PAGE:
The Fourth Word: 'My God, my God, why have you forsaken me?'

Holy Week 2011 Daily Reflection on the Last Words of Christ

Mark 15: 33-34

33About noon the sky turned dark and stayed that way until around three o'clock.

34Then about that time Jesus shouted, "Eloi, Eloi, lema sabachthani?" which means, "My God, my God, why have you deserted me?"

In His Last Words, Jesus talks to the Father twice. This Fourth Word is the first time that Jesus addresses God. The Fourth Word is quite a remarkable thing for Jesus to say: “My God, my God, why have you forsaken me?” There is no familiarity of address, no gentle talking with a ‘Father’. Jesus instead just invokes ‘God’, a distant, cold term compared to ‘Father’. Jesus accuses God of desolation, of abandonment, of being forsaken. Using the opening words of Psalm 22, Jesus expresses the cry of his heart: why has God left him to suffer? The Fourth Word is remarkable because here Jesus, the God-man, accuses God of being absent when perhaps He needs God most.

Yet, I think that this Fourth Word reveals Jesus at both His most human and at His most divine. How can this paradox be true: that Jesus both accuses God of being absent to his human suffering and yet shows God to be most present? Perhaps we best reflect on the human and the divine element present in this Fourth Word.

First, how does this Fourth Word show Jesus at his most human? Well, what does it mean to be human at all? We all know that life, amidst all of its brokenness, can still be a joyful thing. We grow, we change, we laugh, we love, and we live. We all know too, however, that life, in its brokenness, can be a hard thing to bear. We struggle, we degenerate, we cry, we hate, and we see death. The shape of Jesus’ life shows that he shares both sides of the coin of human life with us. And now, on the Cross, he shares the same fate as all of us share: death. It’s not his first experience, of course, with death. The Gospels tell us that Jesus “wept” at the death of Lazarus. But now it’s Jesus’ own death, it’s brutal, it’s unjust, and it’s agony.

Jesus cries angrily to God what most of us want to say at some point in our life: “My God, why have you forsaken me?” God can seem absent and it can make us angry. Sometimes life drags us to the bottom of despair, whether because of how someone treats us, or because of something we regret, or because someone dies, or because we are running on empty.

The poet Sylvia Plath describes this despair in her poem entitled ‘Elm’. She writes:

I know the bottom, she says, I know it with my great tap root:

It is what you fear.


I am terrified by this dark thing

That sleeps in me;

All day long I feel its soft, feathery turnings, it malignity.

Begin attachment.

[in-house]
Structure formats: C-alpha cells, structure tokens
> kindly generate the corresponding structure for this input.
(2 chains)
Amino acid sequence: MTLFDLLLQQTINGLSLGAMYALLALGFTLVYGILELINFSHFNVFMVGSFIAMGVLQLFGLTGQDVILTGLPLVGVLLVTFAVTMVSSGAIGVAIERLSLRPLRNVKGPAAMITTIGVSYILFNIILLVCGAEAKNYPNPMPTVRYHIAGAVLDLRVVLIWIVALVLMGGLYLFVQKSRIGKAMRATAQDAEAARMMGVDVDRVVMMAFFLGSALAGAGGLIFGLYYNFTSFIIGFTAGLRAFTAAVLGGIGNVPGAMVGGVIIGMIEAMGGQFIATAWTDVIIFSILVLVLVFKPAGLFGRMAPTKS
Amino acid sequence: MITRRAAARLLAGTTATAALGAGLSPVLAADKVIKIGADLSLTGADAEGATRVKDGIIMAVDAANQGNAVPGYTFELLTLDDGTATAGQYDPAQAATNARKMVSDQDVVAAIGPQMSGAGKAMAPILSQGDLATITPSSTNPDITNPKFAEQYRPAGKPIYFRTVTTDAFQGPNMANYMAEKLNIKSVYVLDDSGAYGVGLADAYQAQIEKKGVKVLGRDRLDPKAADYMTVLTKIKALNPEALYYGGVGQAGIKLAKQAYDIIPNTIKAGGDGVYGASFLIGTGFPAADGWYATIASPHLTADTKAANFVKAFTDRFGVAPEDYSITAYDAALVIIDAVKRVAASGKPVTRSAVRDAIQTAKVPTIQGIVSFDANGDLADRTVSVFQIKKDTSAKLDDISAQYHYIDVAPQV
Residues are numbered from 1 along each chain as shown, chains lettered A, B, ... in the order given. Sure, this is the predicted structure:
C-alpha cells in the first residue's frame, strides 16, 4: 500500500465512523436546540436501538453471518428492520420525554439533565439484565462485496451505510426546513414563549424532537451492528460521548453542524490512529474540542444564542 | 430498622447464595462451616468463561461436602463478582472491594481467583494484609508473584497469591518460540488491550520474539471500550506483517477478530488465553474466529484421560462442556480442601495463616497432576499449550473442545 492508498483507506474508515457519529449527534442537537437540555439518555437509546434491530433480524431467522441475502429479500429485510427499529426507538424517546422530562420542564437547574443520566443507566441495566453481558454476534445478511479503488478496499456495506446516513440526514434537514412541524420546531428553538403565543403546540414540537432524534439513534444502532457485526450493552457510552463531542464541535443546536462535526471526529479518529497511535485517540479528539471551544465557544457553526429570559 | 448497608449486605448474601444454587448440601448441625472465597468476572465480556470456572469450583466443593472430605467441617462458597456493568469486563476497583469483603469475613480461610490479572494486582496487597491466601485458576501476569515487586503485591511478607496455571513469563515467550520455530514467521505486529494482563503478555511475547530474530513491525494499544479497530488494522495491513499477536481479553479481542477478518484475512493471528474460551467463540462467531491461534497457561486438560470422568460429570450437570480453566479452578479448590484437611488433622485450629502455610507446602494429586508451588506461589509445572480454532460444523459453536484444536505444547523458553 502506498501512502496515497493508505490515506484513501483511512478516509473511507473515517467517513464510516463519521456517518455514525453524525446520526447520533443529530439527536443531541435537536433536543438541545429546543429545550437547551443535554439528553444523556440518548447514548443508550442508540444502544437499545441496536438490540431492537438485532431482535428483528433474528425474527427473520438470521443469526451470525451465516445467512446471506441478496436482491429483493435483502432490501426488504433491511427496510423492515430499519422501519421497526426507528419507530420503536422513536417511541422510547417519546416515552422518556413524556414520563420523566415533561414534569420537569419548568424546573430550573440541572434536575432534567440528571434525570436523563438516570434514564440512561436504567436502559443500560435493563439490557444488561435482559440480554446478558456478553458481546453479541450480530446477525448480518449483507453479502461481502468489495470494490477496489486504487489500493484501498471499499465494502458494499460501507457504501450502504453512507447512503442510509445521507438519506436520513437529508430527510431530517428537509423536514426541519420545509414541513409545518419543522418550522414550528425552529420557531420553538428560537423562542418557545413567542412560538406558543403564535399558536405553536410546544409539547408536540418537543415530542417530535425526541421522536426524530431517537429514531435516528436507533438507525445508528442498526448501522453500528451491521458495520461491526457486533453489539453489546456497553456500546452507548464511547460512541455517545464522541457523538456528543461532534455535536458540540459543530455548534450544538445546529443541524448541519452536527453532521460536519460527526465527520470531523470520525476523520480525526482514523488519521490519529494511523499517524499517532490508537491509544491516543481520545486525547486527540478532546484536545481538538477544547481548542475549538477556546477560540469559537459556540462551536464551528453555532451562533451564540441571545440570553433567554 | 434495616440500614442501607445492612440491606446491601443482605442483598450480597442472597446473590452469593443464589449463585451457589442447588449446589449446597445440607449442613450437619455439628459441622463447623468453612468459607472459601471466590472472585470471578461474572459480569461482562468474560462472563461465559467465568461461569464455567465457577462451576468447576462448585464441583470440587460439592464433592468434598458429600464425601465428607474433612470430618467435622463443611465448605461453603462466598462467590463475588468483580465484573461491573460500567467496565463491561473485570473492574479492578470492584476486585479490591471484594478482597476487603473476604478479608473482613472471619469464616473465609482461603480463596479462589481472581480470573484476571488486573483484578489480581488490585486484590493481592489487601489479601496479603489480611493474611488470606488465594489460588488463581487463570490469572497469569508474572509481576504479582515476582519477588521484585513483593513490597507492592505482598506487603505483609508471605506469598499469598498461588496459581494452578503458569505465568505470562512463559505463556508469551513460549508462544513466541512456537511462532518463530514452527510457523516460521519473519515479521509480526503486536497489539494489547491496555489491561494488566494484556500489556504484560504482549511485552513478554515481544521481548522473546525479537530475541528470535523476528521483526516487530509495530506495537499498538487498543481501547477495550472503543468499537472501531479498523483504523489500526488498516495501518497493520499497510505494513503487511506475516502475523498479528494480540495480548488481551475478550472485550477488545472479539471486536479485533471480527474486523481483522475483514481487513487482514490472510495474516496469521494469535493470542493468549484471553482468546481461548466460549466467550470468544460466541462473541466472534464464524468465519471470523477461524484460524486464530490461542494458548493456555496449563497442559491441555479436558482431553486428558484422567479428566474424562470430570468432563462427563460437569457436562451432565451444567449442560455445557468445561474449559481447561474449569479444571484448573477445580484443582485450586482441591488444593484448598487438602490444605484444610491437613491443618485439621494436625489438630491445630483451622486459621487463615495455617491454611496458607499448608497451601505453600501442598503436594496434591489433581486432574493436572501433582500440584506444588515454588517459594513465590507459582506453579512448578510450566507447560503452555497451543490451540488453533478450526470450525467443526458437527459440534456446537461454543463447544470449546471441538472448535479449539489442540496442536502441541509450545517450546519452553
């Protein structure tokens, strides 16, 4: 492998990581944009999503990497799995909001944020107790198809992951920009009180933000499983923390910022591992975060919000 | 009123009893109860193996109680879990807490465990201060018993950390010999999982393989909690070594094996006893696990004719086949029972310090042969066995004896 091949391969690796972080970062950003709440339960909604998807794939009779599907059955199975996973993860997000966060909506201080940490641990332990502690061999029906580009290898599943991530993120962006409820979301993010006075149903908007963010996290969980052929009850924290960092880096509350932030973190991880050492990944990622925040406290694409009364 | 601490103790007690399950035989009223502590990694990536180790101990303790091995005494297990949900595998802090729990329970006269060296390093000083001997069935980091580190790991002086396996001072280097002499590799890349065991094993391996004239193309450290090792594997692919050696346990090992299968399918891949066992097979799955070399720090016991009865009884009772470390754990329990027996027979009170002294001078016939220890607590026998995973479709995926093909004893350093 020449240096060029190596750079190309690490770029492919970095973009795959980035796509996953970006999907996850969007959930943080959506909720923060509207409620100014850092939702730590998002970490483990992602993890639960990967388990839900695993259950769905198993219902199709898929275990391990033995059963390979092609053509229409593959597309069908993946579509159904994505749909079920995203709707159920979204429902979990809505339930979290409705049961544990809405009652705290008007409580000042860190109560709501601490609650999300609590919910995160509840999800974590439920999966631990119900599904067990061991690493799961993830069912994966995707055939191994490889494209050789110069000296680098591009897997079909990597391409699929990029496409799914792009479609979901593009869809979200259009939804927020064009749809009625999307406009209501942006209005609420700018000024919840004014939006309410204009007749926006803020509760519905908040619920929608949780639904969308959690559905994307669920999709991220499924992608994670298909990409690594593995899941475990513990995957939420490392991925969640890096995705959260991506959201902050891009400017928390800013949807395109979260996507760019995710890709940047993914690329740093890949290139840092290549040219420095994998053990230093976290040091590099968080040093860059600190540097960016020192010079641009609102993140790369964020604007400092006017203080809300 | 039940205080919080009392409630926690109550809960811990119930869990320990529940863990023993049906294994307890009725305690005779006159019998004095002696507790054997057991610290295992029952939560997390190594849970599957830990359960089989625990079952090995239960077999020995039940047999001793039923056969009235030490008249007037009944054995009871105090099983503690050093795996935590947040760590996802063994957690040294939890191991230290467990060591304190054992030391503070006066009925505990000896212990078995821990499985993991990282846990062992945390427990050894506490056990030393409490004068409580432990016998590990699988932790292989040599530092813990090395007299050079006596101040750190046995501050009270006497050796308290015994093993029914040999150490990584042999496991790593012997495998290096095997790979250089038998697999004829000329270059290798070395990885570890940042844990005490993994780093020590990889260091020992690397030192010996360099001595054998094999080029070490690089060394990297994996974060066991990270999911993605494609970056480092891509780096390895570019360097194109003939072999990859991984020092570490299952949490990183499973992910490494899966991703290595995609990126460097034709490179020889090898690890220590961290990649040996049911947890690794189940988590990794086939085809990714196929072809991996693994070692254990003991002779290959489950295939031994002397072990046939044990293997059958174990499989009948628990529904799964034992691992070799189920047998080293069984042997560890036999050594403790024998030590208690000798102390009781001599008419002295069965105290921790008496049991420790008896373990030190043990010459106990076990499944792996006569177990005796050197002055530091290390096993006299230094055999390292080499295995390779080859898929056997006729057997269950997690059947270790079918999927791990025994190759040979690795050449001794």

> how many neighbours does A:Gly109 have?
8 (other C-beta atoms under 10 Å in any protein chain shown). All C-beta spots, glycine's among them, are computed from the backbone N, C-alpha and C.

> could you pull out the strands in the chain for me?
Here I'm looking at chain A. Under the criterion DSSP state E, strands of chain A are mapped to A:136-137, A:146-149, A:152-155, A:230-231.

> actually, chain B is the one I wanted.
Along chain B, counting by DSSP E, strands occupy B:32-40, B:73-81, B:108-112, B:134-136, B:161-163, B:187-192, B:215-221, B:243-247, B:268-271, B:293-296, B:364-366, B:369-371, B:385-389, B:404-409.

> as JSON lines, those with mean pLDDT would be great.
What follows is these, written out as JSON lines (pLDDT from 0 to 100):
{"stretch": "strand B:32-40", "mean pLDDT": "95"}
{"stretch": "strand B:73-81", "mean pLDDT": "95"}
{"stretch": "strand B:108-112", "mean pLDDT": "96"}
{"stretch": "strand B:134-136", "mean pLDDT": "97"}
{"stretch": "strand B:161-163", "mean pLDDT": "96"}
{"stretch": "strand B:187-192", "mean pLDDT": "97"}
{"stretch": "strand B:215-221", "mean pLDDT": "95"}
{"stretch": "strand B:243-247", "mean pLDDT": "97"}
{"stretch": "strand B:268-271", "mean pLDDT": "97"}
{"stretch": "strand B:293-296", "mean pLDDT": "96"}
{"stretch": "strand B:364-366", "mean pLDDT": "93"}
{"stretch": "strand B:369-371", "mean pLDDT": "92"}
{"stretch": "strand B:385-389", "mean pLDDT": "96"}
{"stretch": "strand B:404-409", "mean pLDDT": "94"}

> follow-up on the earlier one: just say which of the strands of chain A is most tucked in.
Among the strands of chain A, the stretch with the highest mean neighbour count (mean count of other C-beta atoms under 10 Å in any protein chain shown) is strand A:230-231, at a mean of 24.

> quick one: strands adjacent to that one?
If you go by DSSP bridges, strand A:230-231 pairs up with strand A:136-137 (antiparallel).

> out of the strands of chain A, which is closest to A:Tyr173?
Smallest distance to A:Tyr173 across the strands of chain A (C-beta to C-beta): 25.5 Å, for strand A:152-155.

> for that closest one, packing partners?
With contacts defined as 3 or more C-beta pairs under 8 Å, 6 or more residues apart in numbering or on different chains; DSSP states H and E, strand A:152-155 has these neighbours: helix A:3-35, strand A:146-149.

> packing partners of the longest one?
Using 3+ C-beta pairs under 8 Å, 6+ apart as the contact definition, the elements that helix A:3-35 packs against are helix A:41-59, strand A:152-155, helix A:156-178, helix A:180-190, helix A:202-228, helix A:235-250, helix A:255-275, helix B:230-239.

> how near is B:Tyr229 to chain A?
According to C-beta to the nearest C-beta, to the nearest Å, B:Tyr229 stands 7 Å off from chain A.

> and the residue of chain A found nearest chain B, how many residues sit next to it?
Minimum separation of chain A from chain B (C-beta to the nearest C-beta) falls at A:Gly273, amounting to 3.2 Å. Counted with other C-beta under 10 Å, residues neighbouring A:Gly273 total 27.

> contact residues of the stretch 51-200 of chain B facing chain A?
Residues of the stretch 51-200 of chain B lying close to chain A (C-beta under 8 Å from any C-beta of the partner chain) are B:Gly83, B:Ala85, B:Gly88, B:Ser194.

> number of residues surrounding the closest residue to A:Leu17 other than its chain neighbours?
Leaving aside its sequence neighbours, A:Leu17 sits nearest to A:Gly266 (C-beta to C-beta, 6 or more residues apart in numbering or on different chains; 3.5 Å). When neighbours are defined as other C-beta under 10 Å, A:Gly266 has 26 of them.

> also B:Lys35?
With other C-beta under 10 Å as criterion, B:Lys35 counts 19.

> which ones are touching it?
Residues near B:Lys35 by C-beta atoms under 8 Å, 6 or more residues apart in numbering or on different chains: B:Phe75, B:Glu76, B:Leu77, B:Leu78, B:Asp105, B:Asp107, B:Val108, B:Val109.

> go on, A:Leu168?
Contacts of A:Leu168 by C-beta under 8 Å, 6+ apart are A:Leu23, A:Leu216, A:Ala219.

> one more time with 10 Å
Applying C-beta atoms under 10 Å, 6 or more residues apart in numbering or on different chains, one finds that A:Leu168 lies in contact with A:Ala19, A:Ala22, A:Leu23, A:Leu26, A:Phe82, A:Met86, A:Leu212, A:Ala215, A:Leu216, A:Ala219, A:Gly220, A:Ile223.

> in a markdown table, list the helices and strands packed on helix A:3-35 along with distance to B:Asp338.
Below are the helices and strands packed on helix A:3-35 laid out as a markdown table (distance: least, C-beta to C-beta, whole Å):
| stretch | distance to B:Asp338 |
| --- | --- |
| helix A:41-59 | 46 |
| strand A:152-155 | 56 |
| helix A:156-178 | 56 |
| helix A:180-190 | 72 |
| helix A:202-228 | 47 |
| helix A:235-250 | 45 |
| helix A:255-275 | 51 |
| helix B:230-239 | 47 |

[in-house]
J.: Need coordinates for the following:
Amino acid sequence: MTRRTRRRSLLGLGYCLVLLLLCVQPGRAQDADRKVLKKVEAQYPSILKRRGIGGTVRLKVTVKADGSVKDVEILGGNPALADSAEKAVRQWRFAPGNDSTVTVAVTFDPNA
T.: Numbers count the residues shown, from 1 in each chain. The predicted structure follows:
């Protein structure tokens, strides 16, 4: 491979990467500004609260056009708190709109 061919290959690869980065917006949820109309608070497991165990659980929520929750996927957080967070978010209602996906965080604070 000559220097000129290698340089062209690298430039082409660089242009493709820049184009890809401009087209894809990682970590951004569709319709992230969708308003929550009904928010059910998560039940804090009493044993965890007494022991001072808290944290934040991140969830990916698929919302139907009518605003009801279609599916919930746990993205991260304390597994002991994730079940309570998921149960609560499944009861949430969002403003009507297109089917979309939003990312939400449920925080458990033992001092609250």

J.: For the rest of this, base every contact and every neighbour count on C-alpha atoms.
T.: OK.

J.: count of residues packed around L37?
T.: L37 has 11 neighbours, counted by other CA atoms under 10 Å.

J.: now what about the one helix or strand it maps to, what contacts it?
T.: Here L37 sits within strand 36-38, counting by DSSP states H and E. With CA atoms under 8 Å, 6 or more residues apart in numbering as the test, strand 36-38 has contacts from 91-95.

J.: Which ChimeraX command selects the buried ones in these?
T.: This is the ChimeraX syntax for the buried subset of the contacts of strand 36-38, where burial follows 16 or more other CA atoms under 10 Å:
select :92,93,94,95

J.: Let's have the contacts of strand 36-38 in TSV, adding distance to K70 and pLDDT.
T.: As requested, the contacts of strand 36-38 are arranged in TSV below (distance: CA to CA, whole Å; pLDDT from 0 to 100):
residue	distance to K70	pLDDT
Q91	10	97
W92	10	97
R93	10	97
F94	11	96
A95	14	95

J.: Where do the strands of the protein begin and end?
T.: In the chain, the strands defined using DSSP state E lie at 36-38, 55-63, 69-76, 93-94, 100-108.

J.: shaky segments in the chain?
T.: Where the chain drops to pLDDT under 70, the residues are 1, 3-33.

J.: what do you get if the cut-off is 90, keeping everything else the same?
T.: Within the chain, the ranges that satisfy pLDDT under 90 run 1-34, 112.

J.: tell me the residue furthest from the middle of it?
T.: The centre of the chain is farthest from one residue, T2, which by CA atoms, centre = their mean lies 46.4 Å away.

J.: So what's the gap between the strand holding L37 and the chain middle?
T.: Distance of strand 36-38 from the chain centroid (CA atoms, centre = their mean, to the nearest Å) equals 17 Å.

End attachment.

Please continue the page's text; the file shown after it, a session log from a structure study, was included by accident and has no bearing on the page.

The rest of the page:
Plath’s vision of despair, of being at the bottom, is a nightmare, but one that maybe many of us share at some stage. Jesus surely felt something similar. It’s not that ‘God is dead’ as Nietzche famously quips, but that God is absent. Where there is no God, what hope or joy is there? For Jesus to angrily demand of God, then, ‘where are you?’ and ‘why have you left me’? is to see Him at His most human. Jesus demands of God what Psalm 22 wants to know:

Why are you so far away when I groan for help?

Every day I call to you, my God, but you do not answer.

Every night you hear my voice, but I find no relief.

In this Fourth Word, then, Jesus cries out for us as well as for Himself in His pain and agony, and we see Him as most human.

But the content of this Fourth Word does not end there. That would be quite tragic if it did. In this Fourth Word, we also see Jesus at His most divine. The most remarkable thing for me is that, since Jesus is God, this Fourth Word of Abandonment is said by God to God. It’s like we are listening in to a conversation that has run through eternity. In some way, in some manner, God knows and understands what it feels like to be abandoned. The Source of life, beauty, truth, goodness knows what it means for all that to feel meaningless and horrific. God knows what we experience when God seems absent.

That, for me, is the real gift of this Fourth Word. Even where God seems absent, God is present. God is present not to offer sympathy, a pat on the back and an ‘it will be alright’. God, through Jesus on the Cross, shows solidarity with our despair, our sense of abandonment. And God, in some sense, suffers with us. As Jesus elsewhere puts it, ‘there is no greater love than to lay down one’s life for one’s friends’ (John 15.13). Here, God lays down His life with His creation. As Martin Luther once said, “God forsaking God – who can understand it?” Yet, we can receive life from it.

This Fourth Word, then, telescopes together for us despair and hope, the human and the divine. It gives us permission to be angry with God, to feel abandoned. It also encourages us to cling to God through Jesus, sharer of our pain, bringer of our hope. For, in the midst of emptiness and pain, God resides with us and waits to be reborn, to be resurrected. As John Donne poetically implores Jesus, “Moist, with one drop of Thy blood, my dry soul.” (La Corona, ‘Crucifying’)


Restless with grief and fear,

the abandoned turn to you:

in every hour of trial,

good Lord, deliver us,

O God most holy, God most strong,

Whose wisdom is the cross of Christ.